Lord Hodgson of Astley Abbotts
Conservative Lord (Robin) Hodgson of Astley Abbotts is the NCVO president since 2007 and chair of the Armed Forces Charities Advisory Committee since 2008.
In August 2010 he was also appointed as chair of the de-regulation task-force by the coalition government and submitted a report recommending how to make it easier to run a charity. At the end of 2011 he was appointed by the government to lead its review of the Charities Act 2006.
Lord Hodgson was a member of the Council for Securities Industry from 1980-85, a founder director the Securities and Investment Board from 1985-89, sat on the West Midlands Industrial Development Board 1989-97 and was a director of the Securities and Futures Authority 1993-2001.
He was made a Life Peer (Conservative) in 2000, and as shadow spokesman on Trade and Industry and Home Affairs from 2002 until 2006, led in particular on the Companies Act 2006 and Charities Act 2006.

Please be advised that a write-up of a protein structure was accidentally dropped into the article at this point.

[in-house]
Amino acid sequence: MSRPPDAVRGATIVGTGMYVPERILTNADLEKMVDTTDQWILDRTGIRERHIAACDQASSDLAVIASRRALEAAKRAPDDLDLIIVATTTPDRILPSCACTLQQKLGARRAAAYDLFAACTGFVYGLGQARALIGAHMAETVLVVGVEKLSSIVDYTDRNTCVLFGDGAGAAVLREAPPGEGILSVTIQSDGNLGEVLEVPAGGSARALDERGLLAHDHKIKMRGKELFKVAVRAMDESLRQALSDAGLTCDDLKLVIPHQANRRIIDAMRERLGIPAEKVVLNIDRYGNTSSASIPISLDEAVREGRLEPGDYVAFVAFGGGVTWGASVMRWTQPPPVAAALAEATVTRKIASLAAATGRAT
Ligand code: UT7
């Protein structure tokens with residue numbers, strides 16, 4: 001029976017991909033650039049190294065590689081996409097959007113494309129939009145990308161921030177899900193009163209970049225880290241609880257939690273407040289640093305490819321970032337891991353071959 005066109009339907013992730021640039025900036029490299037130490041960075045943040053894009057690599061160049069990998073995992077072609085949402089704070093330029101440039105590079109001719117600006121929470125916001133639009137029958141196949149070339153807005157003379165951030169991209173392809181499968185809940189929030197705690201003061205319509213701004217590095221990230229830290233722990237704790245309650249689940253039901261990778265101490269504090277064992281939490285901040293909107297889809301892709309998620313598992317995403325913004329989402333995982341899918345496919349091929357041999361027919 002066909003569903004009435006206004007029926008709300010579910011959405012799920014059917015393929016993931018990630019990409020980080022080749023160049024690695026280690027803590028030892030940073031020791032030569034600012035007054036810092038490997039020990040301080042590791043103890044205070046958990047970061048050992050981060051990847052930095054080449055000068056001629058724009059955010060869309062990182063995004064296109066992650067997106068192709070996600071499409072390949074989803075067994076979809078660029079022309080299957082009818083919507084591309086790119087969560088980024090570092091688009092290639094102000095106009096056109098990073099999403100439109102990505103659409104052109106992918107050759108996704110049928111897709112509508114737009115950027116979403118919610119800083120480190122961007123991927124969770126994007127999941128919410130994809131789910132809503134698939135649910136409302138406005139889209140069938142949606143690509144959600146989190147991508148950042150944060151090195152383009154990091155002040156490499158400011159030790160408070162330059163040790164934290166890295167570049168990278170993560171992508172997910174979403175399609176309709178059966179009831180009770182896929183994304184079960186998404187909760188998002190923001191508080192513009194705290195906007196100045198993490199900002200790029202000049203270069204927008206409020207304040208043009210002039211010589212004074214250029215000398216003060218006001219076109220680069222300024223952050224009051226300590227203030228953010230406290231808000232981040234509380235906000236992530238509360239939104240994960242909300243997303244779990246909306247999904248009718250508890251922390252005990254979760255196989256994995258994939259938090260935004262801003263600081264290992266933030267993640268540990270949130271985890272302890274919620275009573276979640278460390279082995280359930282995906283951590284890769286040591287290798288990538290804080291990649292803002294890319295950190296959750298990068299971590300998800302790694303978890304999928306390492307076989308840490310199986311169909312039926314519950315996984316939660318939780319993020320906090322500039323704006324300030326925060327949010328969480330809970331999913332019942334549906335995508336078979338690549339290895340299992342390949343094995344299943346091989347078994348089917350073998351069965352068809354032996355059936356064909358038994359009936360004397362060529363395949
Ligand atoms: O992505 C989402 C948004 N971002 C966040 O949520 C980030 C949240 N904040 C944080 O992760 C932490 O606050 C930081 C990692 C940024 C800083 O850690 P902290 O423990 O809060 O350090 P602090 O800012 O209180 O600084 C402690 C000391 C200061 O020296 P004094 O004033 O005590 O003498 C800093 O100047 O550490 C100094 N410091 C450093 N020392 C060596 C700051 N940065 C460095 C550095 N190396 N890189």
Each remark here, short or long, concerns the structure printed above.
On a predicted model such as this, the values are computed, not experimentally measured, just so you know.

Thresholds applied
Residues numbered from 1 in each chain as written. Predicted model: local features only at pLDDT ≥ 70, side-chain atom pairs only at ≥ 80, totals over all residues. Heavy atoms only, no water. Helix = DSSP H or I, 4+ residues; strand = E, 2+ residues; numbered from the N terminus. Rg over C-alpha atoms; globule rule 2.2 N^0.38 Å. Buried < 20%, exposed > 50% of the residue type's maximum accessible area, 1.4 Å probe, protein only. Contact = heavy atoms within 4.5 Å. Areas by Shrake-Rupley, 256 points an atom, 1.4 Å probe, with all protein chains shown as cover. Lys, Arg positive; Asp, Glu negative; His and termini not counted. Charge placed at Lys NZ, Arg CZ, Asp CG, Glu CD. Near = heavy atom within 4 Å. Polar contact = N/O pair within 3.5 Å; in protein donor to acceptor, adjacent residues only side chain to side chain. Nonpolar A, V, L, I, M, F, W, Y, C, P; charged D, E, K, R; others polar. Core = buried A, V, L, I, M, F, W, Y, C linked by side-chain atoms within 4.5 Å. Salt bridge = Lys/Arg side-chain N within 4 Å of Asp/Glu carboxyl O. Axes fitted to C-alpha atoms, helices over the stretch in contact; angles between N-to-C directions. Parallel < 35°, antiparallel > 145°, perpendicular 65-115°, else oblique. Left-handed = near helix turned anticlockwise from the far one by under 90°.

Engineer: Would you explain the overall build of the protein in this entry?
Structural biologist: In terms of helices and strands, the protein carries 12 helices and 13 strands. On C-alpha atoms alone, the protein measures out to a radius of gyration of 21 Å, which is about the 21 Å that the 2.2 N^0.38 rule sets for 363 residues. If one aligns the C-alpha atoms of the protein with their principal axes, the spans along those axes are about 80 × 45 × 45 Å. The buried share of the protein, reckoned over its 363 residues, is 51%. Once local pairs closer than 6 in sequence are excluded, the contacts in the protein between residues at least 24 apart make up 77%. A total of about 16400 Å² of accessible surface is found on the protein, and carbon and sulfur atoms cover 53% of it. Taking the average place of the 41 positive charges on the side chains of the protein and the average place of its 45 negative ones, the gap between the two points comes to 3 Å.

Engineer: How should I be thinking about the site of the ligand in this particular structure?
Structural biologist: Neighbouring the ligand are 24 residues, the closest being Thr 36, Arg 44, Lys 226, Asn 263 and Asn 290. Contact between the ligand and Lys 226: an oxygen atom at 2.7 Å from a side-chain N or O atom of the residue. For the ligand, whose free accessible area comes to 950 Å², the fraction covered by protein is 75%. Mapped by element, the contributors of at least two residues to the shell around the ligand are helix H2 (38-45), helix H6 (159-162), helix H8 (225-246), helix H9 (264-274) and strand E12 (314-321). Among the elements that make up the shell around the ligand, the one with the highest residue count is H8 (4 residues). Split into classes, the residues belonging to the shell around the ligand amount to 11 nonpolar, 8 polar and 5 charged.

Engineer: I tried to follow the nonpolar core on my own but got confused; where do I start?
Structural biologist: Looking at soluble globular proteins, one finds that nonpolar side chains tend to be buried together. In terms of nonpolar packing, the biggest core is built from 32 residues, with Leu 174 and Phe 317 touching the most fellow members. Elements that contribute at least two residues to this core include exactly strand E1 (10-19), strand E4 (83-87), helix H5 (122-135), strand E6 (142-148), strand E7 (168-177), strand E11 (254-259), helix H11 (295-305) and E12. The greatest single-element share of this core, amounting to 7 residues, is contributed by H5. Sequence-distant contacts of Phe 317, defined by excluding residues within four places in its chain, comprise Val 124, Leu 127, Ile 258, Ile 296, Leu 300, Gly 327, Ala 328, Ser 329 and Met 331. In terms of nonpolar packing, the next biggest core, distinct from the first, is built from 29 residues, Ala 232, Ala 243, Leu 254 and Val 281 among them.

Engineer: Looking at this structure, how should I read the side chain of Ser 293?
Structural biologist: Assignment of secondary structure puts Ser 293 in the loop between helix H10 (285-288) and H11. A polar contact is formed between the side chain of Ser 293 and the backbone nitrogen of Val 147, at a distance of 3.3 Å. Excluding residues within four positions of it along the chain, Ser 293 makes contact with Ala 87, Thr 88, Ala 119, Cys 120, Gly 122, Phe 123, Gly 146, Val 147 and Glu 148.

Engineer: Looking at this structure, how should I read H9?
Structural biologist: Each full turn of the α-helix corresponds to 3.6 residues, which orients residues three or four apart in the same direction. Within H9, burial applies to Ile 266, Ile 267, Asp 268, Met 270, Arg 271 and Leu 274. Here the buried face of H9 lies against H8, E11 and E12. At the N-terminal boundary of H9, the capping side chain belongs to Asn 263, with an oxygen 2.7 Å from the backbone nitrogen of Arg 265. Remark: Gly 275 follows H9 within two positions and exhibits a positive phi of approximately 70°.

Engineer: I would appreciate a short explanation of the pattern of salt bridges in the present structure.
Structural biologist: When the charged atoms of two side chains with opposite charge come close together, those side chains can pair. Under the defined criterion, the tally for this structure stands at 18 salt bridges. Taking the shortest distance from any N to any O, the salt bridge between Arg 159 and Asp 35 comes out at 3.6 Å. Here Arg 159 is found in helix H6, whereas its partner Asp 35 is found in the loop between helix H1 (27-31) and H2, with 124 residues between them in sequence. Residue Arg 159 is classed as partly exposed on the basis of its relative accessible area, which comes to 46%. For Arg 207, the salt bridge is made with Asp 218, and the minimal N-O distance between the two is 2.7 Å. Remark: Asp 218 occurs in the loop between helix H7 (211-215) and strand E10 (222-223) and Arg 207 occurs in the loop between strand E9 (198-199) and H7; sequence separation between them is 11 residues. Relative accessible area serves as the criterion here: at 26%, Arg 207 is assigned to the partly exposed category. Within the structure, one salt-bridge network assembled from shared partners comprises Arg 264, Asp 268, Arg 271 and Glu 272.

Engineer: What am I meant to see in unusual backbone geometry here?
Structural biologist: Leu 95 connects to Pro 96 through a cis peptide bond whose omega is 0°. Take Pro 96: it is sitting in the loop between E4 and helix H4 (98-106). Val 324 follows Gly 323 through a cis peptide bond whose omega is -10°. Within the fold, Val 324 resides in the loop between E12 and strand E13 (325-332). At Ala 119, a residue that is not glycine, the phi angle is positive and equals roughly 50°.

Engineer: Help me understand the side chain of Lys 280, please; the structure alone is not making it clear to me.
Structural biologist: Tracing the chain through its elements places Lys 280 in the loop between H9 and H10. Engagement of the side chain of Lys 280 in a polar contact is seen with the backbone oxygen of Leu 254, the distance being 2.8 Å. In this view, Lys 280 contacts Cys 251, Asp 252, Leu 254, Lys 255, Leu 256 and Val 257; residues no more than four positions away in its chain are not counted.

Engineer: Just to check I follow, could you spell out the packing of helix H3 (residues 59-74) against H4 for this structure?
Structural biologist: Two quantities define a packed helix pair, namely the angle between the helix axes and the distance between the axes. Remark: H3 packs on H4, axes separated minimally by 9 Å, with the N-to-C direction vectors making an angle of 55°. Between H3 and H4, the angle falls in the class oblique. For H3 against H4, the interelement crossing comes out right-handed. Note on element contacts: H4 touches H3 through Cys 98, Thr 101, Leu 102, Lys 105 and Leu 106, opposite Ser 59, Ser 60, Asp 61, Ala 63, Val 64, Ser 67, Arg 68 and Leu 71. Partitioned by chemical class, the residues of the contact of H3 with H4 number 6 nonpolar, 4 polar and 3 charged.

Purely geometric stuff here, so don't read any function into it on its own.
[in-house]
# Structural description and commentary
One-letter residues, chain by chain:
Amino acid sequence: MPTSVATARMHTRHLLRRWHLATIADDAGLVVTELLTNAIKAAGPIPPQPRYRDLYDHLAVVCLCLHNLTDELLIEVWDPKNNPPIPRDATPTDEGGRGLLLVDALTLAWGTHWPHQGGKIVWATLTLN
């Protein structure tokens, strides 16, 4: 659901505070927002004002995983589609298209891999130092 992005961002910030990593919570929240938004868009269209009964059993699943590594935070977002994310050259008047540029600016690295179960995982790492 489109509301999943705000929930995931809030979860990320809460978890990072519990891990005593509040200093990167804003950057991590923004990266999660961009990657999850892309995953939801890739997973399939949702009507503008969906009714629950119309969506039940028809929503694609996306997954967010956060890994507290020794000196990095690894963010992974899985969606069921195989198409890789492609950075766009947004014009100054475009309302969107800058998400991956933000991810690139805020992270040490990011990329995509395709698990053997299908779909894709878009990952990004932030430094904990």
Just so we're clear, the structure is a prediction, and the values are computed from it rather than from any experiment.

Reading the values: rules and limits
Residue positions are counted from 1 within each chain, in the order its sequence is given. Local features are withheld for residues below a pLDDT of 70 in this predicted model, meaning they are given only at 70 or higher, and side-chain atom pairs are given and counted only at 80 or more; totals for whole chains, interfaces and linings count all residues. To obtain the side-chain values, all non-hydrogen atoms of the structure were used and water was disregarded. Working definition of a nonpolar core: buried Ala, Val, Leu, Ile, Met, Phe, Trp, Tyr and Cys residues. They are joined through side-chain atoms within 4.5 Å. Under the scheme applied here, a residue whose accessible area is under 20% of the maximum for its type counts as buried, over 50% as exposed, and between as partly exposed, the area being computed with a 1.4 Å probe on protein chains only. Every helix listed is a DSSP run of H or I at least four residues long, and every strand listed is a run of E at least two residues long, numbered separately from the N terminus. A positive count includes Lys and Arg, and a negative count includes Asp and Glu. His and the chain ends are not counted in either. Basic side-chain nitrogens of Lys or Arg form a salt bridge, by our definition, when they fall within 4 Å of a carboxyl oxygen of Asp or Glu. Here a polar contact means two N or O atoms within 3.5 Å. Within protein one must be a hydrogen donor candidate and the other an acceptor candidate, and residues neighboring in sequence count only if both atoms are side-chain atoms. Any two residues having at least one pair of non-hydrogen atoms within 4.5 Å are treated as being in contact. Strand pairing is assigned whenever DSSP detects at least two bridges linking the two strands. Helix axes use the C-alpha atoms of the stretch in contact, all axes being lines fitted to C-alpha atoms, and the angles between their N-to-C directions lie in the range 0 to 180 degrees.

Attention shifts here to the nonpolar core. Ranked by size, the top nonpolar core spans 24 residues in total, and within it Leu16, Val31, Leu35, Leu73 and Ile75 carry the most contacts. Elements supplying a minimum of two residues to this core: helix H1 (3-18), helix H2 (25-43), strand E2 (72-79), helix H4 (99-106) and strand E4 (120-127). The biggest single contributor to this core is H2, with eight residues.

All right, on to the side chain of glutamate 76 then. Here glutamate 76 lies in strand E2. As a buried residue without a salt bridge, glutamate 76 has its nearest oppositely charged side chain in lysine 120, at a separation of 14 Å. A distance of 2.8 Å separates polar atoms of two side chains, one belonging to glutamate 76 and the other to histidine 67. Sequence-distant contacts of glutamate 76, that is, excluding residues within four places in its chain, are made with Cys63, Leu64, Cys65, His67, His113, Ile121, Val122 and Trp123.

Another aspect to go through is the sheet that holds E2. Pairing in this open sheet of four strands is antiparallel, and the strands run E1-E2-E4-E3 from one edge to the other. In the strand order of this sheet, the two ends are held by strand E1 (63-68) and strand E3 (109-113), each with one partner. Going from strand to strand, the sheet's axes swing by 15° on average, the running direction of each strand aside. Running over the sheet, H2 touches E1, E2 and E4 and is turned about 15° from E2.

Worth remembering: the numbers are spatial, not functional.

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Payment of trustees is coming whether we like it or not, according to president of NCVO, Lord Hodgson of Astley Abbott.
Lord Hodgson has told MPs that there is a generational shift in favour of paying trustees, with young people being more ready to allow the payment of charity trustees than older people.
The government is deliberately delaying the launch of its promised promotional campaign to boost payroll giving until the payroll giving agencies devise a way to get the system working better.
Lord Hodgson is expected to raise concerns about the level of campaigning by charities which get a large proportion of their income from the state at an upcoming Public Administration Select Committee meeting.
Reminds me of a speaker at a charity fundraising conference a decade ago who said 'I think some charities should be allowed to shrivel up and die'.
Martyn Lewis, chair of NCVO, has said that both he and NCVO believe paying trustees is the wrong direction to take, and that people should celebrate the voluntary nature of trusteeship.
The prospect of a single charity registration process for both HMRC and the Charity Commission is not far off, Charities Act reviewer Lord Hodgson hinted to a conference audience yesterday.